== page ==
This volume situates My Antonia as a novel that stands the test of time by including in its pages an extraordinarily wide range of historical, cultural, literary, psychological, thematic, perceptual, and stylistic issues.
The volume provides an analysis and assessment of complexities in the novel as well as its reception and legacy.
The essays as a whole situate the novel at the cusp of the modern period, marking in myriad ways the novel's transitional role between nineteenth and twentieth-century literature and culture.
The first section "Translation" features writers that reflect on Cather's curious devaluation of My Antonia's reception over time; translation issues in Germany, Italty, France, and Russia; and linguistic issues in the novel's vision of Antonia's acculturation.
The second section "Tradition" defines Cather's relationship to modernism and regionalism through her career shifts and changes to the Introduction as well as her narrative technique in marginalizing violence and darkness to the edges of Jim's consicousness.
The third section "Transgender" analyzes Cather's relationship to Hamlin Garland's Life on the Prairie, J.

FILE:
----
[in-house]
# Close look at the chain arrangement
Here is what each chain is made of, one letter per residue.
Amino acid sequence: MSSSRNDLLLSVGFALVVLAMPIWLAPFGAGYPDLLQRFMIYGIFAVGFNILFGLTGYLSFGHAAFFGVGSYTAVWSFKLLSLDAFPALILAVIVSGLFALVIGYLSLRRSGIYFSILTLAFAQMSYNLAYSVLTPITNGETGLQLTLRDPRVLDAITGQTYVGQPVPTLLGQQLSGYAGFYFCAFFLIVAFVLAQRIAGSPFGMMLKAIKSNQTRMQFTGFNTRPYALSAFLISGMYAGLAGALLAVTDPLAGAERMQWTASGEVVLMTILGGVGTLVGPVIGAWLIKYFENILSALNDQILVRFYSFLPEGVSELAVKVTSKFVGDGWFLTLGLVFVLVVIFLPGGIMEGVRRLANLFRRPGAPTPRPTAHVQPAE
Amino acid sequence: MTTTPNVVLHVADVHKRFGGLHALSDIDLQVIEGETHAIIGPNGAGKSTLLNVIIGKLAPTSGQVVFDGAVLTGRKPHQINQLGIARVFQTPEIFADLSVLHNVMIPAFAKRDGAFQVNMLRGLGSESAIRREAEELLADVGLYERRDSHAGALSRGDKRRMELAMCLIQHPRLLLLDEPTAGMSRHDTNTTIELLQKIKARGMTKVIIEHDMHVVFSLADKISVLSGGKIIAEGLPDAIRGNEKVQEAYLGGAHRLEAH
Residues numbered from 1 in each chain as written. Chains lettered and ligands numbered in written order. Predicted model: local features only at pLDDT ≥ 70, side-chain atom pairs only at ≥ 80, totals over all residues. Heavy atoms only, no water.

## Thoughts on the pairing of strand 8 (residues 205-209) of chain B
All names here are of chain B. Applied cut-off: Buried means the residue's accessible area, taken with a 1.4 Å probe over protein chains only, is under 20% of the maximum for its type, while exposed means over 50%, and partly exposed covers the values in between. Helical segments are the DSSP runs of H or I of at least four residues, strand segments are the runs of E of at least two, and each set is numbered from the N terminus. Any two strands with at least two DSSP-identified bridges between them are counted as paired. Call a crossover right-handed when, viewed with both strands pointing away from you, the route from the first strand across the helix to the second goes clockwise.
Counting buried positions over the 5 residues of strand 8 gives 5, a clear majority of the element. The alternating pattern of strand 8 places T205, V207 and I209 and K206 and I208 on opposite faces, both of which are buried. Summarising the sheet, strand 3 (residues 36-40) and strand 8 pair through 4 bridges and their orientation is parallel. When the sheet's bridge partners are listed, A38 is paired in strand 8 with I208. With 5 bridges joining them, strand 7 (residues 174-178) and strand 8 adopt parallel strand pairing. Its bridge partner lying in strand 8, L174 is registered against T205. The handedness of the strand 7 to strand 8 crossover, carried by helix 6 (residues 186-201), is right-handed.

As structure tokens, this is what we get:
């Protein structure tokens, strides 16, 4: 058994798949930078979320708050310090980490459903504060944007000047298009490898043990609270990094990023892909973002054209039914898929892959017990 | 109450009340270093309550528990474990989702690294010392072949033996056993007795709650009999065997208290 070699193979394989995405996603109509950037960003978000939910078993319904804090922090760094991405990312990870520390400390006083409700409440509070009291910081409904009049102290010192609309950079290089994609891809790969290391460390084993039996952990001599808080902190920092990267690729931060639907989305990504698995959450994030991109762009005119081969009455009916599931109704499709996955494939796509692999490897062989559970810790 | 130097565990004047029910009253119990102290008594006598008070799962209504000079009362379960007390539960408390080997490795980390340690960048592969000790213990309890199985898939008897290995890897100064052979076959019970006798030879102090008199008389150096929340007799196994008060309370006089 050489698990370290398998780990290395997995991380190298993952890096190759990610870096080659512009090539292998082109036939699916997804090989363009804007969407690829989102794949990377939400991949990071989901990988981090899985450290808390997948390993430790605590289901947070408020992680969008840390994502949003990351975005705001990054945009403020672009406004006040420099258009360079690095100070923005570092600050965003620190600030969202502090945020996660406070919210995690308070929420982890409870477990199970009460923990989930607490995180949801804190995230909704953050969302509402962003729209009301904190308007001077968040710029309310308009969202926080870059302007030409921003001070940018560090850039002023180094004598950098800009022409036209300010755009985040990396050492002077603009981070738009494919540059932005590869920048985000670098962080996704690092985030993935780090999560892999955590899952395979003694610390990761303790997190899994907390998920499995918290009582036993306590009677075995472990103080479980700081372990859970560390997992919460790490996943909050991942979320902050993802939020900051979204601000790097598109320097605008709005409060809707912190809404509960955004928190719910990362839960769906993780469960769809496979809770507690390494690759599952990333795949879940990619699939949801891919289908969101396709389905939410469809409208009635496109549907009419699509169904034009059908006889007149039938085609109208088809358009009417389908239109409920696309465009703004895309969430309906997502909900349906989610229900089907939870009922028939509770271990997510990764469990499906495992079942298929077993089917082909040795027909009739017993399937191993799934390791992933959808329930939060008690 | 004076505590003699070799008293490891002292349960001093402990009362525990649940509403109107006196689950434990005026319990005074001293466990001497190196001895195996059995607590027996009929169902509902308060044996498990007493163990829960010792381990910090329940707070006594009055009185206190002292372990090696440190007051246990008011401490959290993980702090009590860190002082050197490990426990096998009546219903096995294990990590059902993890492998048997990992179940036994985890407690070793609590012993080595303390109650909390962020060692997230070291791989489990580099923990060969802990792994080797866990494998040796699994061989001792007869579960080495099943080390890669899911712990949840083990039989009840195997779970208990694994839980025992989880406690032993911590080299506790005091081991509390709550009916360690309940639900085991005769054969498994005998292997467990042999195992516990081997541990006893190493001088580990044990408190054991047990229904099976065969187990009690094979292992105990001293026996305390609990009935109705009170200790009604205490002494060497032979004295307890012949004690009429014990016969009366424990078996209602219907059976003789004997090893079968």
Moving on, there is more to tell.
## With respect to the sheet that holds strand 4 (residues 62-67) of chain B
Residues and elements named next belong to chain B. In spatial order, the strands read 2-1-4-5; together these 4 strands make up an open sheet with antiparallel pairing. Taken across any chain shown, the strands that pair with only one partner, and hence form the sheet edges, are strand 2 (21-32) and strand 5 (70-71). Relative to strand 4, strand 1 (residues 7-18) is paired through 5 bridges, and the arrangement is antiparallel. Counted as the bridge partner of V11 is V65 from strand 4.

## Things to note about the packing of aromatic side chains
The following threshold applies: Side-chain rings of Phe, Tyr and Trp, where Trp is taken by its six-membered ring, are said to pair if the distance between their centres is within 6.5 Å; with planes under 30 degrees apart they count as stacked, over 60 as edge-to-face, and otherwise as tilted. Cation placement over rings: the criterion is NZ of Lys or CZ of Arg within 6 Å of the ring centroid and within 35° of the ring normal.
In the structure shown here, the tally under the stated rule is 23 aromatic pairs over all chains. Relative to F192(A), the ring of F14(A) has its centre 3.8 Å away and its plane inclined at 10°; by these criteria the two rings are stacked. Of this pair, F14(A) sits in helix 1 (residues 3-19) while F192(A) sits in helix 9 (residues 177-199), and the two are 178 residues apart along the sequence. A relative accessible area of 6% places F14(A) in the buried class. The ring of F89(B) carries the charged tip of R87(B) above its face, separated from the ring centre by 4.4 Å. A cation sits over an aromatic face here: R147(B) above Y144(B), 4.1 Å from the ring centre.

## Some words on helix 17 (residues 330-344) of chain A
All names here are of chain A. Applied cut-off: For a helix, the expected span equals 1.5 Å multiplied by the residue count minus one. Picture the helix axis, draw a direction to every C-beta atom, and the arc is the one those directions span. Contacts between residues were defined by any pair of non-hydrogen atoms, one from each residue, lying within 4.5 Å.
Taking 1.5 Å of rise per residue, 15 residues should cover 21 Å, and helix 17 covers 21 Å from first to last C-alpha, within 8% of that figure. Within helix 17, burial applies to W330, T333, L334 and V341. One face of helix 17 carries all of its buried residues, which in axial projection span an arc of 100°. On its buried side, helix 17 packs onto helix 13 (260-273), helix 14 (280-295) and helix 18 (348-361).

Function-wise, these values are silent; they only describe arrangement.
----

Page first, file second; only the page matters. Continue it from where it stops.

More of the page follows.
M. Barrie's Peter Pan and the Neverland, and the work of Truman Capote, especially his gay protagoanist Joel Knox in Other Voices, Other Rooms.
The fourth section "Transhuman" deploys work on hysteria to situate Cather's vision of genderless desire and ecocritical lenses to understand Jim and nature.
Finally the last section "Transition" discusses Lena Lingard's presence as a New Woman and gift economies in the novel that underscore the community's uneasy transition to twentieth-century capitalism.
Gathered in the volume are an international group of scholars who demonstrate the novel's centrality to women's studies, American studies, queer studies, childhood studies, psychoanalysis, ecology, translation and reception, Marxism, narratology, and intertextuality.